Auditors are concerned the Defense Department’s lack of a plan to train Afghan forces to manage and operate 48 aircraft is putting millions of dollars at risk.
Assistant Inspector General for Audits and Inspection Elizabeth Field said Monday on In Depth with Francis Rose that Afghanistan recruits cannot operate or maintain the aircraft for the Afghan Special Missions Wing (SMW).
“There are certain things that are in DoD’s control and other things that are not. Unfortunately, they haven’t had a plan that has set milestones for reaching basic capabilities or staffing up the air wing,” said Field, who authored the recent report on the Pentagon’s struggles. “Thankfully, DoD did concur with our recommendation that they create such a plan. It’s still a bit troubling that this program started in July 2012, and we’re now a year later and they’re just now starting.”
SMW is an air wing developed by DoD to aid Afghan Special Forces in counternarcotics and counterterrorism. SMW has minimal plans to complete the personnel force and measure their performance, the report said.
Afghan forces lack the capacity in both personnel and expertise to operate and maintain not only the existing SMW fleet, but also future aircraft, the report said. DoD recently awarded more than $700 million in contracts for new planes and helicopters.
As of January 2013, the wing had 180 people, less than a quarter of the required for total strength, the report said. The report also stated that as of Jan. 16, 2013, only seven of the 47 pilots assigned to SMW were fully qualified to fly with night vision goggles, a necessary skill for SMW missions.
Field said it is just as important for Afghans to have the ability to maintain aircraft as it is for them to be able to fly. The report stated that two DoD task orders that provide ongoing logistics and supply services to SMW do not identify performance metrics to ensure sufficient aircraft maintenance.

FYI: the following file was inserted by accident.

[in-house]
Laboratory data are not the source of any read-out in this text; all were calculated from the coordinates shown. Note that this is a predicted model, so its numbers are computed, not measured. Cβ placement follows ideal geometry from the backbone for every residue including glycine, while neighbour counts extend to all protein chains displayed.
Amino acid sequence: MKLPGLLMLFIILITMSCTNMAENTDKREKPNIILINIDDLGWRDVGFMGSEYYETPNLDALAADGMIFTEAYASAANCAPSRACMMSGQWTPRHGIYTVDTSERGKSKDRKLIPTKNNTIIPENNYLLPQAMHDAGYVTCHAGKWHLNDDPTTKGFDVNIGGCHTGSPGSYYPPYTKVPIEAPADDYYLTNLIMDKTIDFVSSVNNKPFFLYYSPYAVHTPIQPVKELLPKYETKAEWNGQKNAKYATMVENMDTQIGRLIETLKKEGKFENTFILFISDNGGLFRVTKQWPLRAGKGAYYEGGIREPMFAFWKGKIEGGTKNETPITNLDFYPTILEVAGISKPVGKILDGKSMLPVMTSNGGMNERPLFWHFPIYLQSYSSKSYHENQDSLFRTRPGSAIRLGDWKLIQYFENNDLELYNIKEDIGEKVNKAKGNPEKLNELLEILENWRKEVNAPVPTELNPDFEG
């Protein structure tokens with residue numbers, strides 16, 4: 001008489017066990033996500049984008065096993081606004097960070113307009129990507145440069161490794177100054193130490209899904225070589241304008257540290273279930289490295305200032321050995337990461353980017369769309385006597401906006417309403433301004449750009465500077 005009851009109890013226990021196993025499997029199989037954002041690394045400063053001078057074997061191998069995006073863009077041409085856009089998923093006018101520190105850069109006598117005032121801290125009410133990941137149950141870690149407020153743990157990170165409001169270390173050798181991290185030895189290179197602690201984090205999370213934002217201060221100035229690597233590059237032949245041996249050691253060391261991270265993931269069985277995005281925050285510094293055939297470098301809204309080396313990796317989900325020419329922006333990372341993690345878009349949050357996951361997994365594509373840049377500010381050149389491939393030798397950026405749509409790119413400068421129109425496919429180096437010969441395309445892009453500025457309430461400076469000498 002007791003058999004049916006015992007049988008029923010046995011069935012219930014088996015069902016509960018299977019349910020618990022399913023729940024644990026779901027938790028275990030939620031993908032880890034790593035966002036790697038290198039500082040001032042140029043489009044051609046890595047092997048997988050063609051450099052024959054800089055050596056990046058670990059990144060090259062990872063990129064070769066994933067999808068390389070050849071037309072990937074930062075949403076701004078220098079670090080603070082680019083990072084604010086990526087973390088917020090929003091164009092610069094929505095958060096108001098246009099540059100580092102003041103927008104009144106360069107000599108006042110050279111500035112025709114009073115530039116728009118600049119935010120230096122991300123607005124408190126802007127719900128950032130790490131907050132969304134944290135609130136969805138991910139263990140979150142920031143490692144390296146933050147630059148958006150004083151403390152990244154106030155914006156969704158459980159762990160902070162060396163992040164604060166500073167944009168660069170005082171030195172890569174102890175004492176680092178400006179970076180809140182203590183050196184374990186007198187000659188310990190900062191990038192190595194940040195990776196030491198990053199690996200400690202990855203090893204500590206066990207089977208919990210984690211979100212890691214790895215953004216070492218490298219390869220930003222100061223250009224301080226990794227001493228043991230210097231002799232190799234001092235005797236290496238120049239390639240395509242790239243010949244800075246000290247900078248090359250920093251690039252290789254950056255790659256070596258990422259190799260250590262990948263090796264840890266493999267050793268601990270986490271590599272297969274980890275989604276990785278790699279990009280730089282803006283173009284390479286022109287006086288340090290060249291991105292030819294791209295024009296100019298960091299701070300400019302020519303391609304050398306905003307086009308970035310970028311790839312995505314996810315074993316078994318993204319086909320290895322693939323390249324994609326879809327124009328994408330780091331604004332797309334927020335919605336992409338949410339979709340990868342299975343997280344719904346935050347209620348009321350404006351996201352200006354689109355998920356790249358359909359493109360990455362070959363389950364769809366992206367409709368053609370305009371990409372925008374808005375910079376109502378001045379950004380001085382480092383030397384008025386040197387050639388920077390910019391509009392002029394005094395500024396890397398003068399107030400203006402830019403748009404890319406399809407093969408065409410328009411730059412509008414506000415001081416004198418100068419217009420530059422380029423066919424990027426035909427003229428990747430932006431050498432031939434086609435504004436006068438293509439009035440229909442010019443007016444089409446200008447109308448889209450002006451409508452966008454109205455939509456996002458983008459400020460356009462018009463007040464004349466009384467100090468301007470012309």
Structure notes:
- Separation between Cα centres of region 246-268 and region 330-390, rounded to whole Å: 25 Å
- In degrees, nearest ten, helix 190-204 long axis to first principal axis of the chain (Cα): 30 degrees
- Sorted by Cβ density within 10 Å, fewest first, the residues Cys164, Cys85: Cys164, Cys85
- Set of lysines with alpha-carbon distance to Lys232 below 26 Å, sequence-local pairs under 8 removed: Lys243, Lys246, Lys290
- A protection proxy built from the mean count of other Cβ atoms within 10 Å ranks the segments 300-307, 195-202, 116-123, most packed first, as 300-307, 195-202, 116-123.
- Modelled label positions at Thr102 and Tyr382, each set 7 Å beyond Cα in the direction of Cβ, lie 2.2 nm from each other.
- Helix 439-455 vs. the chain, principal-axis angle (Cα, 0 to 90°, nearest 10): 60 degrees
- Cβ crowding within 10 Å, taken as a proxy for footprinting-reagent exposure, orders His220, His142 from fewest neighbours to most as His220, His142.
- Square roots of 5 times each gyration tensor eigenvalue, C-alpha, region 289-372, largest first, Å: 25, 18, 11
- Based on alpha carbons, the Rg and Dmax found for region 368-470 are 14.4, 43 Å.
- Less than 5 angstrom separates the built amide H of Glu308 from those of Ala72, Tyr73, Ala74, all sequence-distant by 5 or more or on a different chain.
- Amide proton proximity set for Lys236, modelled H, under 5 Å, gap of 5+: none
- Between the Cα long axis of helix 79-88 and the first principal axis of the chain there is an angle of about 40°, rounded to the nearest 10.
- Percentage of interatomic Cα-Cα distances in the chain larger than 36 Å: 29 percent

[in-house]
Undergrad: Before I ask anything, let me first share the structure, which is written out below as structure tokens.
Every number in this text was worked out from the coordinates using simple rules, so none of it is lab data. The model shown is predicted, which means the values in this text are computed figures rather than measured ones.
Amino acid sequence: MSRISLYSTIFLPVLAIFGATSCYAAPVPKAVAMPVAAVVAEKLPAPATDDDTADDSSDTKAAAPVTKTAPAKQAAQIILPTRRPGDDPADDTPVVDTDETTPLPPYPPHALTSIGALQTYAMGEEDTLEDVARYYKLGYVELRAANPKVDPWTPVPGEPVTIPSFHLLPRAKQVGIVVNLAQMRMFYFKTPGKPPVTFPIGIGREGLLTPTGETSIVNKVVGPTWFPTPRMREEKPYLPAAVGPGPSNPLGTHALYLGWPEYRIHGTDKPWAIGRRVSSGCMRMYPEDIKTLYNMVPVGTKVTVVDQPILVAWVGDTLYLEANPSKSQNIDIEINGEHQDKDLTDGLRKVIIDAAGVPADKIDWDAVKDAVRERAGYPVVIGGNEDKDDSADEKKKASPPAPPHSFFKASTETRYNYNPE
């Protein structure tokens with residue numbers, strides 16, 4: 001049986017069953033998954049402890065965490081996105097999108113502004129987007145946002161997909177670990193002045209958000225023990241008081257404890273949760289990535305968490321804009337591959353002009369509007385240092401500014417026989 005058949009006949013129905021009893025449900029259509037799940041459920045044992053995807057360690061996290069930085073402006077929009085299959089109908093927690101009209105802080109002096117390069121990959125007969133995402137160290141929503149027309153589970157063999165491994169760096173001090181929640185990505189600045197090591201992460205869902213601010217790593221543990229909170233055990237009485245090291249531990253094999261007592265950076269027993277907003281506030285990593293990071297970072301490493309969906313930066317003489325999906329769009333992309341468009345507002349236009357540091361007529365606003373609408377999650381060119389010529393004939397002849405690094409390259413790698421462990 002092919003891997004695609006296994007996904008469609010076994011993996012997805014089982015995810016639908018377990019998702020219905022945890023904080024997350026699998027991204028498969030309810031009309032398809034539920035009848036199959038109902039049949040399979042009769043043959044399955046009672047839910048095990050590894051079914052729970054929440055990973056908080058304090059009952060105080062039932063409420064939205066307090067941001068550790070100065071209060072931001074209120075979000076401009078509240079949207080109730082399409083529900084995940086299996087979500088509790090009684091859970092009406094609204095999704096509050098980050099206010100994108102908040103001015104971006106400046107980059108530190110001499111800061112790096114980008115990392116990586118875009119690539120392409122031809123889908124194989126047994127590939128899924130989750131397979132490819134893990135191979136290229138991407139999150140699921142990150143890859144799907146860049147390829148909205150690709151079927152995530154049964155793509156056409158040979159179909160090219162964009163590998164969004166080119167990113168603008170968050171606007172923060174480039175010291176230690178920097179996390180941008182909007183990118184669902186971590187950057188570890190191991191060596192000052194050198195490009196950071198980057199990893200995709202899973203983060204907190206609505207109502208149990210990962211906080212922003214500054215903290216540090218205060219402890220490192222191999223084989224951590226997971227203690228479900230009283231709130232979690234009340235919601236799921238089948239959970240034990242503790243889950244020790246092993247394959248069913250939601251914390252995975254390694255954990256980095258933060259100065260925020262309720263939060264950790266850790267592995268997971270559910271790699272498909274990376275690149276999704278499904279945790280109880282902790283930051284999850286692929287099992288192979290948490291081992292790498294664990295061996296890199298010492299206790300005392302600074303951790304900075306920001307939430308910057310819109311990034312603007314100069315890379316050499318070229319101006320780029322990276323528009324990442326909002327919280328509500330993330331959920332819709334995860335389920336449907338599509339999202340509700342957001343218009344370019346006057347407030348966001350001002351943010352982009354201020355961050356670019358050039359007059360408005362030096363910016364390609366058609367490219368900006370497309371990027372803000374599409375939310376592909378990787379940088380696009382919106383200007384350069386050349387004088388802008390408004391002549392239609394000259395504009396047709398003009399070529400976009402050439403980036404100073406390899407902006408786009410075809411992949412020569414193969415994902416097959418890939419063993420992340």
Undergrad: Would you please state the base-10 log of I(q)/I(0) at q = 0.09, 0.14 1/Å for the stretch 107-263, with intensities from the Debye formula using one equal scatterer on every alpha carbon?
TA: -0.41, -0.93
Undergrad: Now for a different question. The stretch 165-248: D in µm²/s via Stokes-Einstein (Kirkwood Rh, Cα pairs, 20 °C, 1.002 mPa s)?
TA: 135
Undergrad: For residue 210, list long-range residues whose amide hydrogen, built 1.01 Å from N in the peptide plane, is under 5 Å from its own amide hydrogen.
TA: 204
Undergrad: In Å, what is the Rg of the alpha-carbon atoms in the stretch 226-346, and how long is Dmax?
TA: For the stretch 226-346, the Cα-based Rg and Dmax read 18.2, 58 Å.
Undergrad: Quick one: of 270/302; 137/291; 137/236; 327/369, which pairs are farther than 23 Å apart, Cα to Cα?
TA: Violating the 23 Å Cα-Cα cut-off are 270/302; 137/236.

“We’re not going to get down into the weeds and recommend specifically which metrics are most appropriate — that’s not necessarily our job. We really wanted to just strengthen the internal controls and oversight mechanisms that DoD has in place,” Field said.
The DoD unit also is struggling to recruit trainees, the report stated, as the Afghan Ministry of Defense and the Ministry of Interior have not reached an agreement on the command structure of the SMW. Field said that this is critical because the Afghan defense department will not allow recruitment from its ranks until an agreement is reached.
The wing looks to the Afghan defense department for recruits because it is difficult to find personnel in the area who are capable of performing the required duties and also can pass the 18-to-20 month vetting period, which is in place to ensure recruits do not have a criminal history, Singer said.
“I think it is largely outside of [DoD’s] control and, in this sense, I am sympathetic with DoD because it’s hard to identify trainees who are literate, not just in their native language but who can read and write in English as well, and it’s hard to find individuals who can go through the 18-to-20 month vetting process,” Field said.
Auditors recommended DoD’s office of the Under Secretary of Acquisitions, Technology and Logistics suspend activity under the new aircraft contracts until an agreement between the Defense and Interior ministries has been reached.
DoD said in formal comments on the report that contracts already had been awarded and the International Security Assistance Force is working with the Afghan government on a charter that would accomplish the same purpose as an agreement between MOI and MOD.
Field said DoD awarded the latest aircraft contract, worth $553.8 million to Rosoboronexport for 30 MI-17 helicopters, after the IG presented Pentagon officials with a draft of the report.
SIGAR also recommended DoD develop a plan for transferring maintenance and logistics management to Afghans, and modify task orders to incorporate performance metrics and quality assurance plans.
Field said signing an agreement of understanding between the Interior and Defense ministries and subsequently recruiting capable Afghan recruits must happen to mitigate DoD’s challenges and risks.
“I know they’re working closely with the Afghan government to try to overcome that challenge,” Field said. “But it is a reality of doing business in that country.”